The head of a security team Evan Spiegel hired to police his high school house parties imparted on him an important lesson: Your true friends are those who stay behind to help you clean up afterward.
The advice stayed with him at Stanford University, where frat mate Bobby Murphy stuck around late at night to tidy up after parties that Spiegel arranged.
Spiegel and Murphy went on to spend countless long nights together not only as trusted friends but also as business partners willing to pursue the other's wild ideas. Murphy invited Spiegel's help on a social networking service. Spiegel sought out Murphy to develop a college admissions tool. Though the efforts were among many that failed, their relationship remained close.
Now, Spiegel, 26, and Murphy, 28, are the best friends and co-creators leading Snapchat, one of the world's most-used smartphone apps, into a new chapter.
Spiegel is the face of Snap Inc., the jet-setting, supermodel-dating, trend-making, once-in-a-generation technology chief executive who has more patents to his name than his co-founder.
Relative to Spiegel, Murphy is an unknown entity publicly. He's rarely seen or heard from outside the research and development teams he leads as chief technology officer. The few people willing to discuss him describe him as quiet, unpretentious and stoic.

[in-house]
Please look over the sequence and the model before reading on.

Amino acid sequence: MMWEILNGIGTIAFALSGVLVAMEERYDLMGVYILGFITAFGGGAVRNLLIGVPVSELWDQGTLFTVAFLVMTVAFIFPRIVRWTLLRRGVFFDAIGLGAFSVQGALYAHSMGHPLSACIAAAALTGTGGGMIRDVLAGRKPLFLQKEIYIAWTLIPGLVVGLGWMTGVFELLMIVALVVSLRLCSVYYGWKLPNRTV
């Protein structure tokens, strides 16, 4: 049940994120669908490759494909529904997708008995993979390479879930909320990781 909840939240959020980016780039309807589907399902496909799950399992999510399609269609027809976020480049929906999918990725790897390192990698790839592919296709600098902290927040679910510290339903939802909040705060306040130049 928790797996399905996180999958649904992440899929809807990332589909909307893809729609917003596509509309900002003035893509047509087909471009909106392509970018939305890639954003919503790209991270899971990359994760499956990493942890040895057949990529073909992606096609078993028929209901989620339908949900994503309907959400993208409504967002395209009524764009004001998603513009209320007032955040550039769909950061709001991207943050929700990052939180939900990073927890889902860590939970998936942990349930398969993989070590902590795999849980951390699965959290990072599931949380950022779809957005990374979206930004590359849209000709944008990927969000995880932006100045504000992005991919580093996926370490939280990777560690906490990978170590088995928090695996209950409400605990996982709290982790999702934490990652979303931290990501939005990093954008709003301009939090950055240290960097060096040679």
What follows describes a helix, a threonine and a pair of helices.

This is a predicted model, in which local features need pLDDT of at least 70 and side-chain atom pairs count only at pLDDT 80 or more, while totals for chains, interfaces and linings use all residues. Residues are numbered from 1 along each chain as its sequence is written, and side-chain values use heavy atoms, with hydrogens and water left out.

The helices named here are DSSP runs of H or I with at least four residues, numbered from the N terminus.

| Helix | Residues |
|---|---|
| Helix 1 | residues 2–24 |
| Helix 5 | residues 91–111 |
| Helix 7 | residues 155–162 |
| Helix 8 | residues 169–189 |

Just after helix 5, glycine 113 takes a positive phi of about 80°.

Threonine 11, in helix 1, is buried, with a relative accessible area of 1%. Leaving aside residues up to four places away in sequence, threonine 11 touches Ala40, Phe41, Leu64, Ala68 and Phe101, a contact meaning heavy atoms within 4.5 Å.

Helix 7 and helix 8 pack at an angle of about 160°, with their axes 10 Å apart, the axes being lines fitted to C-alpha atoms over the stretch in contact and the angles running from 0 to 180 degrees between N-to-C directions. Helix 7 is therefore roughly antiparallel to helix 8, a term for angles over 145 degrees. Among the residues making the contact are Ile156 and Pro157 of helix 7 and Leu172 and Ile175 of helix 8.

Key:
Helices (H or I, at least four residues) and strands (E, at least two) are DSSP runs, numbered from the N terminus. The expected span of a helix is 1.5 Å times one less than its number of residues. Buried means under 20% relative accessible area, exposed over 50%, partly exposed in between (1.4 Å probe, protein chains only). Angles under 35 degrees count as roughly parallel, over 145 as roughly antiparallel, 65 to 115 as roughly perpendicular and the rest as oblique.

"Very chill. Very friendly. Real good guy," said Garrett Gee, who sold his digital barcode start-up Scan Inc. to Snap in 2014.
On paper, Spiegel and Murphy are equally influential. Heading into Snap's expected debut on the public stock market Thursday, the pair hold equal voting power and ownership of their business. Spiegel's stake will climb after the initial public offering, but either can retain power even after leaving the company. If one dies, then the other could control the $20-billion company.
Potential investors say uncertainty about Murphy's role and perspectives wouldn't stop them from buying Snap shares. That decision instead will primarily rest on whether they expect Snapchat to gain users at a fast pace for years to come. They say it's commonplace for tech companies to revolve around dual personalities, including Apple's showman Steve Jobs and Yahoo's cheerleader Jerry Yang compared with their more private co-founders Steve Wozniak and David Filo.